Posts

Republicans Block Hodges’ Virus Worker Relief For the Underemployed

Watch the GOP Block a Jason Hodges Amendment for Tennessee’s underemployed that would cost half ($20 MILLION) of what Bill Lee’s vouchers are costing ($41 MILLION), which remain in the budget.

CASADA: “I Strongly Oppose A Living Wage”

Disgraced ex-Speaker Glen Casada opposes a Rep. Jason Hodges bill that requires companies getting incentives to come to TN to pay their employees fair wages.

RELATED: TN leads Flag of United States in min. wage jobs, inequality is at record levels.

HIGHLIGHTS: TN STATE CHARTER SCHOOL COMMISSION CANDIDATES

WATCH Rep. Jerry Sexton – who said “we all make mistakes” about a child sex abuser and a KKK Grand Wizard – press candidates to ignore potential harm caused to cash-strapped public schools.

“That 💰 belongs to those parents, not traditional public schools.”

The GOP disdain for public schools on full display. This logic will further devastate them. www.TNHoller.com

STATEWIDE CHARTER AUTHORIZATION BOARD: Gov. Lee’s Attack On Public Schools Continues

State Sen. Brian Kelsey (R-Germantown) and State Rep. Mark White (R-Memphis) are carrying SB 796 and HB 940, a signature piece of Gov. Bill Lee’s K-12 education initiative which would create a statewide charter authorizer board, allowing charter schools to completely bypass the local school board and the wishes of the actual parents, and instead go straight to a state board for approval.

The legislation would set up a nine-member board appointed by the governor, with confirmation by the House and Senate, to run what would become a statewide charter school district.

From The Daily Memphian:

“White didn’t want to use the word ‘bypass’ but acknowledged the legislation would remove the step for charter applicants to go to the Tennessee Board of Education if turned down by local boards.”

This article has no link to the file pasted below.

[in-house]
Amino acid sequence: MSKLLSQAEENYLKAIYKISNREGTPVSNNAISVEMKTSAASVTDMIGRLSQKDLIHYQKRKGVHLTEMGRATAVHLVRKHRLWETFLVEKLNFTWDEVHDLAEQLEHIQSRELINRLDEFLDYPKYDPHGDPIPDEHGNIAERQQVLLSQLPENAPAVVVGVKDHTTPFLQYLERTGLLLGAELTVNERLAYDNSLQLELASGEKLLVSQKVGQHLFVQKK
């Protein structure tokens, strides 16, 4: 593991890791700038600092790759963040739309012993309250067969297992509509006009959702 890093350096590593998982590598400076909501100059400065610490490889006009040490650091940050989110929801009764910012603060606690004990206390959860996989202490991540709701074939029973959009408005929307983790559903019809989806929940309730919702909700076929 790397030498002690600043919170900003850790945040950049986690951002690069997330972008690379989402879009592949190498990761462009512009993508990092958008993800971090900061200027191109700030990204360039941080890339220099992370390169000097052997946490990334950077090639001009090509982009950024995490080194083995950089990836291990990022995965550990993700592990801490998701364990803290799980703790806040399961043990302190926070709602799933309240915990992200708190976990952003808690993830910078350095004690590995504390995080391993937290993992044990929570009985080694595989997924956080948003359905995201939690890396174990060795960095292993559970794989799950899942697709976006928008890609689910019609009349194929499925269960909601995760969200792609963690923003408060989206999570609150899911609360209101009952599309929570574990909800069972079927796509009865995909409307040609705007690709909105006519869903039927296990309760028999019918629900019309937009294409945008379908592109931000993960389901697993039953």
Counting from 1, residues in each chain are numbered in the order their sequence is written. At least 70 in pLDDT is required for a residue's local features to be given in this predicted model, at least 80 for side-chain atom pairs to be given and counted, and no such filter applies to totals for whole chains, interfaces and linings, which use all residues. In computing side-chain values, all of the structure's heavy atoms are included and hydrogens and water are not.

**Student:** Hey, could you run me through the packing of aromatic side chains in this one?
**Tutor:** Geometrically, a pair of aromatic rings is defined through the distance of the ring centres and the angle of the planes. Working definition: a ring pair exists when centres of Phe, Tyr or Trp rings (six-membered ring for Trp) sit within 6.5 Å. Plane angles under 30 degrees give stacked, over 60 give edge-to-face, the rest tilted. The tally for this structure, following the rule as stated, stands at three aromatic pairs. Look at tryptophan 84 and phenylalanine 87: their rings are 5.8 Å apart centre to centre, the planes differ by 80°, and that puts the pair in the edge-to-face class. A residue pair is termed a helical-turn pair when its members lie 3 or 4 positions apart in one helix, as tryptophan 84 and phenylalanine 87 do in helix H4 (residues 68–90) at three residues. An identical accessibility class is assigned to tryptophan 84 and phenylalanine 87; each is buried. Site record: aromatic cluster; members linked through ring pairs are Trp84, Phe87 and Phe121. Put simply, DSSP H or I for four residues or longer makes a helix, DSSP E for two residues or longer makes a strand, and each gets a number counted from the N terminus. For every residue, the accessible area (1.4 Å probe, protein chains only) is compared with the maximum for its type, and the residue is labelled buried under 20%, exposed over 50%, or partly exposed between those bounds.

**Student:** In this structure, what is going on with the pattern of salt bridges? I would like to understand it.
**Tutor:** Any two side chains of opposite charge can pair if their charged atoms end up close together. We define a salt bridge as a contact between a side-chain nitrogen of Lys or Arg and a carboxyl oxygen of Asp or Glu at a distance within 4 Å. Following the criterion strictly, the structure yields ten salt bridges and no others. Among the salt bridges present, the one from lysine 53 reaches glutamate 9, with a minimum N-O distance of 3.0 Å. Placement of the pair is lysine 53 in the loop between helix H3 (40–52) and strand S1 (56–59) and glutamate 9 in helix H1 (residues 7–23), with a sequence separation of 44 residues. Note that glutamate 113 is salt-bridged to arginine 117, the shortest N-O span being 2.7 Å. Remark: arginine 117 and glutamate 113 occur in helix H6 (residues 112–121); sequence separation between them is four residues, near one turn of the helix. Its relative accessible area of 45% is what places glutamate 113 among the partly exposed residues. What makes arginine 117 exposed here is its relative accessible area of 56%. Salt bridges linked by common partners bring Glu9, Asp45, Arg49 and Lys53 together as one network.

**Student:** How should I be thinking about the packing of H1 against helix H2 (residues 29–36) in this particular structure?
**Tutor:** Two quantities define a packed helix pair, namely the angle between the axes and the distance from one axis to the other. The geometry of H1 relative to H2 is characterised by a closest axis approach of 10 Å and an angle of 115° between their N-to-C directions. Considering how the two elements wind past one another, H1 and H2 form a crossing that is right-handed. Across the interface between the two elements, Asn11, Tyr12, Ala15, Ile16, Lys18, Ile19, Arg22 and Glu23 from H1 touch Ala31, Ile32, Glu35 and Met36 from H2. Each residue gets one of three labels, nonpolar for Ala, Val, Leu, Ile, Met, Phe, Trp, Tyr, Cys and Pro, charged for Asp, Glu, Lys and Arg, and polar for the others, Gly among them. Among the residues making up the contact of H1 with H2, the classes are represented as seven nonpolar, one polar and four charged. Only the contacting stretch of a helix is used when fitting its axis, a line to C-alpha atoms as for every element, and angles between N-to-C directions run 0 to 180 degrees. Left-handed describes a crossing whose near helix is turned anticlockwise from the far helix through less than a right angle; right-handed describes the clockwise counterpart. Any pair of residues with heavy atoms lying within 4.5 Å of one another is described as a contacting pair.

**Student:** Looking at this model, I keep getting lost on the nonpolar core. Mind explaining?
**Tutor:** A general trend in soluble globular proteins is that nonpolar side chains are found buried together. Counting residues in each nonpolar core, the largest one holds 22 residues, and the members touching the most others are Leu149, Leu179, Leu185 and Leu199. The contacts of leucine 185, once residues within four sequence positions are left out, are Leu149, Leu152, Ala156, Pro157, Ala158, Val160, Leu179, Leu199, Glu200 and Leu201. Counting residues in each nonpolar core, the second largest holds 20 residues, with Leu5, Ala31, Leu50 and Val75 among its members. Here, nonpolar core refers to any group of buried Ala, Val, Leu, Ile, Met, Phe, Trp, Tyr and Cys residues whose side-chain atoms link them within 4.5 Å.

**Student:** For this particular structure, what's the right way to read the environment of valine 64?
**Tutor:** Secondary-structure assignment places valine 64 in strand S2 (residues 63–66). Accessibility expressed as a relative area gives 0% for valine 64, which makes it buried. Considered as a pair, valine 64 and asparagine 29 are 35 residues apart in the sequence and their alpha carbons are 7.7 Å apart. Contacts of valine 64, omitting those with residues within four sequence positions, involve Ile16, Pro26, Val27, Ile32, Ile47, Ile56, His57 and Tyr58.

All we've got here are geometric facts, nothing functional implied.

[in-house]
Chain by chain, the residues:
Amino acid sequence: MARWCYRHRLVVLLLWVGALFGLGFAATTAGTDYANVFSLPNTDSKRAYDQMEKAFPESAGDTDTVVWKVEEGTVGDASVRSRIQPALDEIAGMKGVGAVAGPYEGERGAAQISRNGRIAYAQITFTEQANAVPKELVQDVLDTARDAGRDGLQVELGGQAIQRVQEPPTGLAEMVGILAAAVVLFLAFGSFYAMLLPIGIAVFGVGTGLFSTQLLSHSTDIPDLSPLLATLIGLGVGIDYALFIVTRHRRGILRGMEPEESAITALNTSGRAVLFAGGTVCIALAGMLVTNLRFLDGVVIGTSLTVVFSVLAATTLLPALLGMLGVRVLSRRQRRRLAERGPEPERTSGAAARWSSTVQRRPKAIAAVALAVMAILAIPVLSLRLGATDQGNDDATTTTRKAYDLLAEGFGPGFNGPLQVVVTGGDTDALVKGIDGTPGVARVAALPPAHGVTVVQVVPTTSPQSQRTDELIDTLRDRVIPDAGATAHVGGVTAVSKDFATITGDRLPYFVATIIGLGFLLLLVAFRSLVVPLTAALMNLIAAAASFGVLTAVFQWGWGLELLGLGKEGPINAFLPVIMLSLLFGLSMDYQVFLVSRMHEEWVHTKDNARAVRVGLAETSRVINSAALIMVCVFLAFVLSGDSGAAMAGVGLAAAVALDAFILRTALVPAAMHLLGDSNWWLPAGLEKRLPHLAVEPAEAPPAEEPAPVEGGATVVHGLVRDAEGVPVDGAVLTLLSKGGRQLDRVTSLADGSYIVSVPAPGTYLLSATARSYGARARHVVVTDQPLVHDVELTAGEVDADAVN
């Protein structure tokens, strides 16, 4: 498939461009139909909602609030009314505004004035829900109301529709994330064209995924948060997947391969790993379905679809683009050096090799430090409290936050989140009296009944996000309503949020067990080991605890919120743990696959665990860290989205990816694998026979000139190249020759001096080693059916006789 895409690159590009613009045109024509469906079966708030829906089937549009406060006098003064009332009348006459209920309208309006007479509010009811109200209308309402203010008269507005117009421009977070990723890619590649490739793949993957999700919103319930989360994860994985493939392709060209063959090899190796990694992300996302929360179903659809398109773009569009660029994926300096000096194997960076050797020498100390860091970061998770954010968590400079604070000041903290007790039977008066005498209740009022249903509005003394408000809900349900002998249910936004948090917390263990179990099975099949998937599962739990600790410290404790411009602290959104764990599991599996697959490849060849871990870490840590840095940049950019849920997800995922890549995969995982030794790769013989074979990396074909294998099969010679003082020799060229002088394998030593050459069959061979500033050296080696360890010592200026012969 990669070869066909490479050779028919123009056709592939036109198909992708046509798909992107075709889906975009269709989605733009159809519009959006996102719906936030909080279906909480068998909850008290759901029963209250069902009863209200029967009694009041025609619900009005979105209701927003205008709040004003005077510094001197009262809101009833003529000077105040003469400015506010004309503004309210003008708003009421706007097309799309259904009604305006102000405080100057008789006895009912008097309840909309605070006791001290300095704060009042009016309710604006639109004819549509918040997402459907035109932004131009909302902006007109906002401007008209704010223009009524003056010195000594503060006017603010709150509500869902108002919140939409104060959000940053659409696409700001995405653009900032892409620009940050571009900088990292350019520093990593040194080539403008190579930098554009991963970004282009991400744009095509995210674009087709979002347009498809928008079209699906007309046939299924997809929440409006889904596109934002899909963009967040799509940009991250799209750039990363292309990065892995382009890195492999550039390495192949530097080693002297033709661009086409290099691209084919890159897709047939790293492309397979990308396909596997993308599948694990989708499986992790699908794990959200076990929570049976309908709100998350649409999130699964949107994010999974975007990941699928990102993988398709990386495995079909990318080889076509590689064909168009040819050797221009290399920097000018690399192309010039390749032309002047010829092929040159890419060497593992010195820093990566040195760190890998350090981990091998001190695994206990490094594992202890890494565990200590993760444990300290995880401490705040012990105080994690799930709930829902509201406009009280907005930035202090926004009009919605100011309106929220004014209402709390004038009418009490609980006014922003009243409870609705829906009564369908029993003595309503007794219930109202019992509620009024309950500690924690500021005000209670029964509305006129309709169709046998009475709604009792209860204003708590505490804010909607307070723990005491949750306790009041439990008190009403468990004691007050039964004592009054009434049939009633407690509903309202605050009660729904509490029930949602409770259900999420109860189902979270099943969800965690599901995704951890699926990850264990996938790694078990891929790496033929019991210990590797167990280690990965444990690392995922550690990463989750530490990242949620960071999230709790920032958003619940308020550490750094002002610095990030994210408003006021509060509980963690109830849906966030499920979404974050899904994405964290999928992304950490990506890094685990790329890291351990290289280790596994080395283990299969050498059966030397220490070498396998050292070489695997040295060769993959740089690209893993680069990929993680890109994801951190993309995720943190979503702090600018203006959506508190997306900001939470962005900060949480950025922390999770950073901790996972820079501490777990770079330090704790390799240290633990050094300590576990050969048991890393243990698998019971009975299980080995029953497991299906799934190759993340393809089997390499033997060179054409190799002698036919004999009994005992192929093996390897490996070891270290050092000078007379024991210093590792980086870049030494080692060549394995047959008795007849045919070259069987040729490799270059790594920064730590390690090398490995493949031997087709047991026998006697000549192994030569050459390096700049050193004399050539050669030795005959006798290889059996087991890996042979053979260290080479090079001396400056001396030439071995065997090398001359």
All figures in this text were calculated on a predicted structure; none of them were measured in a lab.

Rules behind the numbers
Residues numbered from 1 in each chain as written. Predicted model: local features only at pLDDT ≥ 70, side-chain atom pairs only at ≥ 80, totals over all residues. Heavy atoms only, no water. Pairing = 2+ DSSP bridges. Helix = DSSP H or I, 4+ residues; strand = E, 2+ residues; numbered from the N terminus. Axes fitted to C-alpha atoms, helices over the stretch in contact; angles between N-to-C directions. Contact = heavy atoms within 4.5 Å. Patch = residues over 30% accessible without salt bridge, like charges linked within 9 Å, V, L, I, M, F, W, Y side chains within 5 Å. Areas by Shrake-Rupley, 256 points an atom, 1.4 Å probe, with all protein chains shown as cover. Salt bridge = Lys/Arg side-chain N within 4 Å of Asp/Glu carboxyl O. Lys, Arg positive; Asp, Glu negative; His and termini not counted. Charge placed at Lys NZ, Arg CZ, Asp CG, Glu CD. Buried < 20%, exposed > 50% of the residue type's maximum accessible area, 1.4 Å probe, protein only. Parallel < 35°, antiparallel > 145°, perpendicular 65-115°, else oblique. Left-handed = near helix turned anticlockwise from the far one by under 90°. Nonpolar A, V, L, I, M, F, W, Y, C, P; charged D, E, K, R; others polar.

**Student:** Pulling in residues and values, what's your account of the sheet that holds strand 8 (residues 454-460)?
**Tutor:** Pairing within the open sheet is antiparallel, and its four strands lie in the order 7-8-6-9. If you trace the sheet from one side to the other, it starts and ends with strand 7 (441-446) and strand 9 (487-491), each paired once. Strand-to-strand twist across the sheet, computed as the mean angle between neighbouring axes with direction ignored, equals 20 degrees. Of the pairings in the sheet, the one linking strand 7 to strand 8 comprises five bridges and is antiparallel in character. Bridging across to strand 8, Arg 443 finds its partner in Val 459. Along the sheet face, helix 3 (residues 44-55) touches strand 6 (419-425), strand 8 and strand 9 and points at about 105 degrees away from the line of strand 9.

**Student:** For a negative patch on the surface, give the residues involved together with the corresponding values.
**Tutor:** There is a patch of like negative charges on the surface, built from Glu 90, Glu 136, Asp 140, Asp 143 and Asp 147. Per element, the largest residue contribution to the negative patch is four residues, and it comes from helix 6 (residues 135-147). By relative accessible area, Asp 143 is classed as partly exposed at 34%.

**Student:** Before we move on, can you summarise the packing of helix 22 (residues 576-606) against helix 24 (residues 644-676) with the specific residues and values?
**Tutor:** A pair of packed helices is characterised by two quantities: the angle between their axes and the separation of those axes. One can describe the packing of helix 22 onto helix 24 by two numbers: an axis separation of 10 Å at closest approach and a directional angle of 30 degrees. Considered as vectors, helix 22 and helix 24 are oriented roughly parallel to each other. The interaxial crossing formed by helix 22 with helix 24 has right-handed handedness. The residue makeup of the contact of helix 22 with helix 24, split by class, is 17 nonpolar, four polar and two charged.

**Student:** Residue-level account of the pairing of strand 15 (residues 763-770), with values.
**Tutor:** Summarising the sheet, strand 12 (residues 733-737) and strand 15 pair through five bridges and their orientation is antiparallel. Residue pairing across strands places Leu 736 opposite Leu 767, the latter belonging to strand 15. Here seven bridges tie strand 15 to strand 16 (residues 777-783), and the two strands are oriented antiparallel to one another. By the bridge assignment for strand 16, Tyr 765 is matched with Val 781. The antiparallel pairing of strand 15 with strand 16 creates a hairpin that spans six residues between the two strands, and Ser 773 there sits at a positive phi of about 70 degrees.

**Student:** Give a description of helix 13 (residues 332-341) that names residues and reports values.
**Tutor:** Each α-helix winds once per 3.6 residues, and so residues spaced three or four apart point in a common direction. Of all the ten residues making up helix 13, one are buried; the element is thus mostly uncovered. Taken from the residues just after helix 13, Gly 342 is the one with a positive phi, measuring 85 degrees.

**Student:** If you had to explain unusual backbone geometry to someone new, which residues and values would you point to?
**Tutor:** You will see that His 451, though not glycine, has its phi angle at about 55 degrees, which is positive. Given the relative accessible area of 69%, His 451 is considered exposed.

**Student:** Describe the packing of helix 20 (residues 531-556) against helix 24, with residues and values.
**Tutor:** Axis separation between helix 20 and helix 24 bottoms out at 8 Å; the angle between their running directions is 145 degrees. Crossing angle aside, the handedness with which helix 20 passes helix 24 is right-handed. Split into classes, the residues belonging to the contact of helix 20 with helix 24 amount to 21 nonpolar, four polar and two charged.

Charter schools are essentially private schools which take public school dollars away from brick and mortar public schools. Many are fly-by-night operations that take as much public money as they can and then disappear.

In the past week, New Vision Academy closed down in Davidson County because of problems with building fire codes. According to reports, a federal investigation also is being conducted into its operators.

This bill would mean charter schools like New Vision could be approved by a board that doesn’t even live in an area, leading to money for those kids being steered away from that area’s public schools – including in rural areas of TN which already barely have enough money to fully fund their existing public school systems.

Cheatham, Claiborne, Robertson, and Williamson County school boards – as well as McMinville schools – have all received letters of intent from charter schools this year. (As a reminder, Williamson County has been assured by their legislators they won’t have vouchers and charter schools… but what if the state charter authorizer disagrees?)

Just like with Lee’s “Education Savings Accounts” (aka “SCHOOL VOUCHERS”), the winners with this bill are private, for-profit charter schools.

Governor Lee’s attack on our Public Schools continues.

Whatever your position on Charters, most people agree local school boards know the needs of their districts better than the state. This appears to be another instance of the governor/Tennessee Republicans saying they prefer local control and “small government” only when it’s convenient.

State Rep. Antonio Parkinson, a Memphis Democrat who serves on the House Education Committee, pointed that out, calling the legislation a bad idea:

“I think you’re totally negating an entire elected board by the people that was put in place to make those decisions. It’s unfortunate because in most cases we hear our colleagues from the other side of the aisle saying they want smaller government. But this is not smaller government when you’re adding more bureaucracy and more heavy-handedness from the state in regards to local government.”